Change in attitude is also full of contradictions. I would start with my experience. These days I despise the roadside eateries. I am not against street food. What I find disturbing is the hygiene factor. There is a joint at my local market whose space is severely restricted and it serves food on the tables on the street itself. It a narrow street further congested by parking of cars, bikes and push carts. The cycle rickshaws add to the melee. Couple of round tops is placed on the road and diners eat standing. The road is dusty as side strips of the road are not paved. Dust is roaming in the air and settling on everything around including on the plates in which the eatables are served. The atmosphere is dusty, noisy, polluted and dirty. But in this situation I find young men and women are having Chinese or south Indian delicacies. They don’t mind the surrounding, it seems. I find it awful every time I pass through all these.
Now flash back like Gulzar’s films. Imagine a young man starts to his college at about 6 am by bus or later by bicycling almost every day. None or very paltry breakfast at home at that hour because of various reasons. Never mind, a couple of rupee in the pocket gives enough motivation to traverse about 18 km bicycling (the local bus service was unreliable, erratic and finally stopped in my final year of college). It is about 45 minutes to 1 hour cycling. Just outside the college, on the roadside there was tea shop which also used to serve samosa, kachauri and jalebi. There was no furniture in the shop except for a wooden bench. You have to eat standing holding the leaf plate on your hand balancing precariously two leaf plates at a time, one is filled with hot potato curry and in other two hot kachauris. Finding space to sit on the bench was like winning a lottery. The oven made of clay was extended enough to accommodate the cook-cum-owner of the shop. His cash register (a wooden box) was placed just beside him. The road used to be busy day and night as coal carrying trucks and dumpers plied all the time. It was also the main road connecting to the outside world. Dust specially the coal dust was the norm in the air other than diesel related fumes. Among all these situated our little tea shop. I used to be hungry and exhausted by the time I reached college. So refueling was prime necessity at that time. One rupee was enough for two kachauris and one jalebi and this much was ok for the time being. I never bothered about the surrounding pollution, filth, dirt and dust. I had no trouble from dust and pollution. I was frail (as I am still) but had enough lung power to cycle 36 km a day with a stomach which was half nourished most of the time. I can, at this age, safely say that such dust and pollution did not cause much damage to me.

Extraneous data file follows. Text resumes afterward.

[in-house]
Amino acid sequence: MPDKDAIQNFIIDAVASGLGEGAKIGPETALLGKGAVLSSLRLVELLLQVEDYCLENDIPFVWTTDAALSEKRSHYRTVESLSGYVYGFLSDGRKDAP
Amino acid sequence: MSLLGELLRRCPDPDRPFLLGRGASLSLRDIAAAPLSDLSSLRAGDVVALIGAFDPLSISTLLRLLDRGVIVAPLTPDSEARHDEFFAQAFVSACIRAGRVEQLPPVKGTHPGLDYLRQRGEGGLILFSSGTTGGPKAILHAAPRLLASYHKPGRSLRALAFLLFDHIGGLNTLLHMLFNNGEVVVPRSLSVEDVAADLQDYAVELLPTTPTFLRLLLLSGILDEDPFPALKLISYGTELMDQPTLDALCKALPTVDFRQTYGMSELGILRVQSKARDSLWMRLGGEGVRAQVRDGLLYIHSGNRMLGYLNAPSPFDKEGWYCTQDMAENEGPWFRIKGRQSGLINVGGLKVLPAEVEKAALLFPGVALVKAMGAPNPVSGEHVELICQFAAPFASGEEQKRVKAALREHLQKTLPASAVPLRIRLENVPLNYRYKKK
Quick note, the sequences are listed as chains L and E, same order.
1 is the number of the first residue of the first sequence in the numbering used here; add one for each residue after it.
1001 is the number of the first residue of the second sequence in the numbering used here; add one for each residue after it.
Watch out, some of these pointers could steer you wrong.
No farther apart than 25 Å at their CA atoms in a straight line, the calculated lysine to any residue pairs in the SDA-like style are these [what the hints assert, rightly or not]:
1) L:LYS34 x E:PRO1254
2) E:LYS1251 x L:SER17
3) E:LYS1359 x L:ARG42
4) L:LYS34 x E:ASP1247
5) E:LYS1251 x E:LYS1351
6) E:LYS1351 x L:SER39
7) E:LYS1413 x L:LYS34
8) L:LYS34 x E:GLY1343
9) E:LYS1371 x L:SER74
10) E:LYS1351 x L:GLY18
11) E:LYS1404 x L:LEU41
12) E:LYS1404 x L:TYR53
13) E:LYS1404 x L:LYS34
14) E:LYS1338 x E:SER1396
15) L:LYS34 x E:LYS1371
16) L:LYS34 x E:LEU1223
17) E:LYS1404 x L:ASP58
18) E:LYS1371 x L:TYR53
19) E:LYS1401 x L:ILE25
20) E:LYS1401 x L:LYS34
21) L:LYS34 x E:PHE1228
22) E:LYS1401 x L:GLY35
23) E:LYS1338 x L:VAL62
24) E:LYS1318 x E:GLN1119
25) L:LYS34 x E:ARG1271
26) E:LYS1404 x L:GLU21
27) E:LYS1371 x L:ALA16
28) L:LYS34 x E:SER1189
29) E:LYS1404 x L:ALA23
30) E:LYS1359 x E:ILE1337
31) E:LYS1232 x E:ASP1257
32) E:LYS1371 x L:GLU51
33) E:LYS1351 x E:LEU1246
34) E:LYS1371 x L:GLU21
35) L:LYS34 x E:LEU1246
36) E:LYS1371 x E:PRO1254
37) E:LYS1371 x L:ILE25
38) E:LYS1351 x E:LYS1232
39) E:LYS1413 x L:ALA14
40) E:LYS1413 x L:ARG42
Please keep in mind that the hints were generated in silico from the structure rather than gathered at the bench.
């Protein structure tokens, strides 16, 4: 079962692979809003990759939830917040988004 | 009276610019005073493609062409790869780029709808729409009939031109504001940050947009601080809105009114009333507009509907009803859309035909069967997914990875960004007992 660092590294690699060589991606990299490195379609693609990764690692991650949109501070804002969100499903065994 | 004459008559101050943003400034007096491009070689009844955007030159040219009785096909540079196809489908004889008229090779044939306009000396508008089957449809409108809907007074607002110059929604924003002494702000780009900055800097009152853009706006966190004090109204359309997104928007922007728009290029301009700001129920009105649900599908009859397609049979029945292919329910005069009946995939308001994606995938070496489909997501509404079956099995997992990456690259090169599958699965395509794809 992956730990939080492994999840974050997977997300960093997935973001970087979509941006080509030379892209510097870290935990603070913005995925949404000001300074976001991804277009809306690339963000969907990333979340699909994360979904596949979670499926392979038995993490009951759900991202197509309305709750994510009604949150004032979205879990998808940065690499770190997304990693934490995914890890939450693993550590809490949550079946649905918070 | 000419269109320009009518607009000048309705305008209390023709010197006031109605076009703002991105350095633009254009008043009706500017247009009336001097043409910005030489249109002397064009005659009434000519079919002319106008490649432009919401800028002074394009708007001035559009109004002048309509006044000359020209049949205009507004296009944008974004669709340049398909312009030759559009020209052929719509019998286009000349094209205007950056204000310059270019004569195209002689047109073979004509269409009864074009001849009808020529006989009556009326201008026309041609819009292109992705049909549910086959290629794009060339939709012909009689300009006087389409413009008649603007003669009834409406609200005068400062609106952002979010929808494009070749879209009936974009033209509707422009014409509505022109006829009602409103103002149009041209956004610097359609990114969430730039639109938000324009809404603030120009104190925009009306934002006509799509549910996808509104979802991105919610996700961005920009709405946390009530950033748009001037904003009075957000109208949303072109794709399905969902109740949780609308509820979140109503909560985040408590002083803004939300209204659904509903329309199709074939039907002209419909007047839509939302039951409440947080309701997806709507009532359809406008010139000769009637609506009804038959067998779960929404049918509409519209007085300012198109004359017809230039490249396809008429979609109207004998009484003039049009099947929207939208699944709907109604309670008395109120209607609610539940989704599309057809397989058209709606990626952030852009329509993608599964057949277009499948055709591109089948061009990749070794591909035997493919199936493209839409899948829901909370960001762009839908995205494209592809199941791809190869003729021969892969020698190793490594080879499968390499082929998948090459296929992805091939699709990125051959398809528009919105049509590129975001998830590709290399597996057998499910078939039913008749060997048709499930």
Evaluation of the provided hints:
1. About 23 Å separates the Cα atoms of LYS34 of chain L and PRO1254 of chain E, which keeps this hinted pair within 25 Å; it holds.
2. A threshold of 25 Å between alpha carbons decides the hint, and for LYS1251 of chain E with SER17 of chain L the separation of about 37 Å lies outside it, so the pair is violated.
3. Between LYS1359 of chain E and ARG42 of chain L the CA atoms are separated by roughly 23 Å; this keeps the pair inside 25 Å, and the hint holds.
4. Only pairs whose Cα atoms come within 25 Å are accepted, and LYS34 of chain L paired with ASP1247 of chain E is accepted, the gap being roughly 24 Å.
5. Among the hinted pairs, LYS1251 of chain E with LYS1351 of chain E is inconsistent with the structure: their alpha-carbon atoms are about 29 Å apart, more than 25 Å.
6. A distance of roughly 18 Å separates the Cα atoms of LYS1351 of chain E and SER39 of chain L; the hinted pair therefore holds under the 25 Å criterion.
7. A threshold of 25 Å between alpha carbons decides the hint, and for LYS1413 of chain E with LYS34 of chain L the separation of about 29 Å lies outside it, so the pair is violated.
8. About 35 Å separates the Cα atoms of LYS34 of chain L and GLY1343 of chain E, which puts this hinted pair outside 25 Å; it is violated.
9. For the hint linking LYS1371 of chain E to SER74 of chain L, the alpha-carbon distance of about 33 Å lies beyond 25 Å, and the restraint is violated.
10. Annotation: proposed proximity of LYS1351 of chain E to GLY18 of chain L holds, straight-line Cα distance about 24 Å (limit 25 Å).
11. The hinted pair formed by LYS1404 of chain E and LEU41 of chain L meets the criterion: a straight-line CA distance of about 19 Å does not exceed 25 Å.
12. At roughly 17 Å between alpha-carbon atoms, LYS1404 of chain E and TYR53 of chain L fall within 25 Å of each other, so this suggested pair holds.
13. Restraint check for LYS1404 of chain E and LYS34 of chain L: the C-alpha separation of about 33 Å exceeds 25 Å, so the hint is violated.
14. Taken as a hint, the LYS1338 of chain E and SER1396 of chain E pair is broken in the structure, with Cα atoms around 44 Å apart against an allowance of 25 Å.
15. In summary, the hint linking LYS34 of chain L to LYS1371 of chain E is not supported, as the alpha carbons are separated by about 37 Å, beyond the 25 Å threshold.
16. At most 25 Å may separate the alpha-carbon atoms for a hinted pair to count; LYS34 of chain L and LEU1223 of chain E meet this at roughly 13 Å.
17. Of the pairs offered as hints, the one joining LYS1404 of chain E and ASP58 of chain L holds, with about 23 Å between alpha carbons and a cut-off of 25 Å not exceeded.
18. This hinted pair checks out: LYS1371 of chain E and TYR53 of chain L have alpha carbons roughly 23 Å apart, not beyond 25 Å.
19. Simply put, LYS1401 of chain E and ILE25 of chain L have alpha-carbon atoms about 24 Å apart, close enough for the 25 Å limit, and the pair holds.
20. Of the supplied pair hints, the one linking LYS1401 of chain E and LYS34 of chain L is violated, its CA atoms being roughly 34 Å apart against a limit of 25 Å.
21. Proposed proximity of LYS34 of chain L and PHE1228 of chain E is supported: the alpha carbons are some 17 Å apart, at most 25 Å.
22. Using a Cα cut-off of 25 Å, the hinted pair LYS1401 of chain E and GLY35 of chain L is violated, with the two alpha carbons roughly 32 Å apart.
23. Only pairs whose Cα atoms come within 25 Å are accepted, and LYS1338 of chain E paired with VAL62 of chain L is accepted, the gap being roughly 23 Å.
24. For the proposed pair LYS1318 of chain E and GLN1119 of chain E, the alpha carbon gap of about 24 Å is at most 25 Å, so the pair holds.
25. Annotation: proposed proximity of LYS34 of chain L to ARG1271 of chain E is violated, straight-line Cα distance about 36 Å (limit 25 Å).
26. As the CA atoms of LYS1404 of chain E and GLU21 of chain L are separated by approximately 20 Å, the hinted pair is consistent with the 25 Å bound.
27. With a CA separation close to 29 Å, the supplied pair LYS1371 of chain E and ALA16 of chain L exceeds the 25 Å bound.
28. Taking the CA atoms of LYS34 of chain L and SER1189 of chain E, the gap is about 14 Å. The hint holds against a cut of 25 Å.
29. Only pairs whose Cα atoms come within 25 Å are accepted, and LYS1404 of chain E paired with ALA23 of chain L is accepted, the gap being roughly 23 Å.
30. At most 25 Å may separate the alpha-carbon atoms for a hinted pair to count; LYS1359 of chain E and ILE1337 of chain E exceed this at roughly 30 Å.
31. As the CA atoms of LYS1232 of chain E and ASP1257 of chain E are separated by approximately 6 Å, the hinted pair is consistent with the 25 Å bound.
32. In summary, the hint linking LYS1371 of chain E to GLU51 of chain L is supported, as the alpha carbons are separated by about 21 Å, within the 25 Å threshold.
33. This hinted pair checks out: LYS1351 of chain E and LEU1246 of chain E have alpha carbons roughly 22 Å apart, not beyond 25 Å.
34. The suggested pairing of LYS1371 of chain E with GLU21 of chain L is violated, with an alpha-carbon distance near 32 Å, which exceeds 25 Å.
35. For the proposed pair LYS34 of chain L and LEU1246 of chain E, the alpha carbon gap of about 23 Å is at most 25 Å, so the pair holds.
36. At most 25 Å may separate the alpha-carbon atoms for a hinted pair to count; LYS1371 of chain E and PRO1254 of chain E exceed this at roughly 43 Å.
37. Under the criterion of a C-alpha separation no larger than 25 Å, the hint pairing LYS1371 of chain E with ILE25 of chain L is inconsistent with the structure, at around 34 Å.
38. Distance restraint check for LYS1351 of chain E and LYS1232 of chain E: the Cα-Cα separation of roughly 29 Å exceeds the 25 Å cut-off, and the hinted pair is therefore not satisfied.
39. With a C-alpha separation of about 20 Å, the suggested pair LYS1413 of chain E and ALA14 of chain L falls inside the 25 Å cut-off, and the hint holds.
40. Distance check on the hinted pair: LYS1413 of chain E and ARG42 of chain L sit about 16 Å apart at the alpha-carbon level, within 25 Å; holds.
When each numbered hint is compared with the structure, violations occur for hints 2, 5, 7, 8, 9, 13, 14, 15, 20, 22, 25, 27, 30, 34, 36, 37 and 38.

Now when I look back and ponder about dust, pollution, unhygienic conditions of the roadside eateries, I conclude that hunger, necessity, economy, easy approach, abundance of supply and quick service are the reasons for these eateries surviving the relentless onslaught by govt. agencies, civic bodies, alert citizens and champions of cleanliness. In my locality lots of young boys and girls stay and work in tech companies and call centers. For them a quick bite is essential as cooking is a laborious activity and needs patience besides the wherewithal. Since readymade food is so easily available why bother to cook. But I am sure that when these boys and girls settle down in their lives, they would start thinking the same as I am thinking. There would definitely be shift in attitude, diagonally.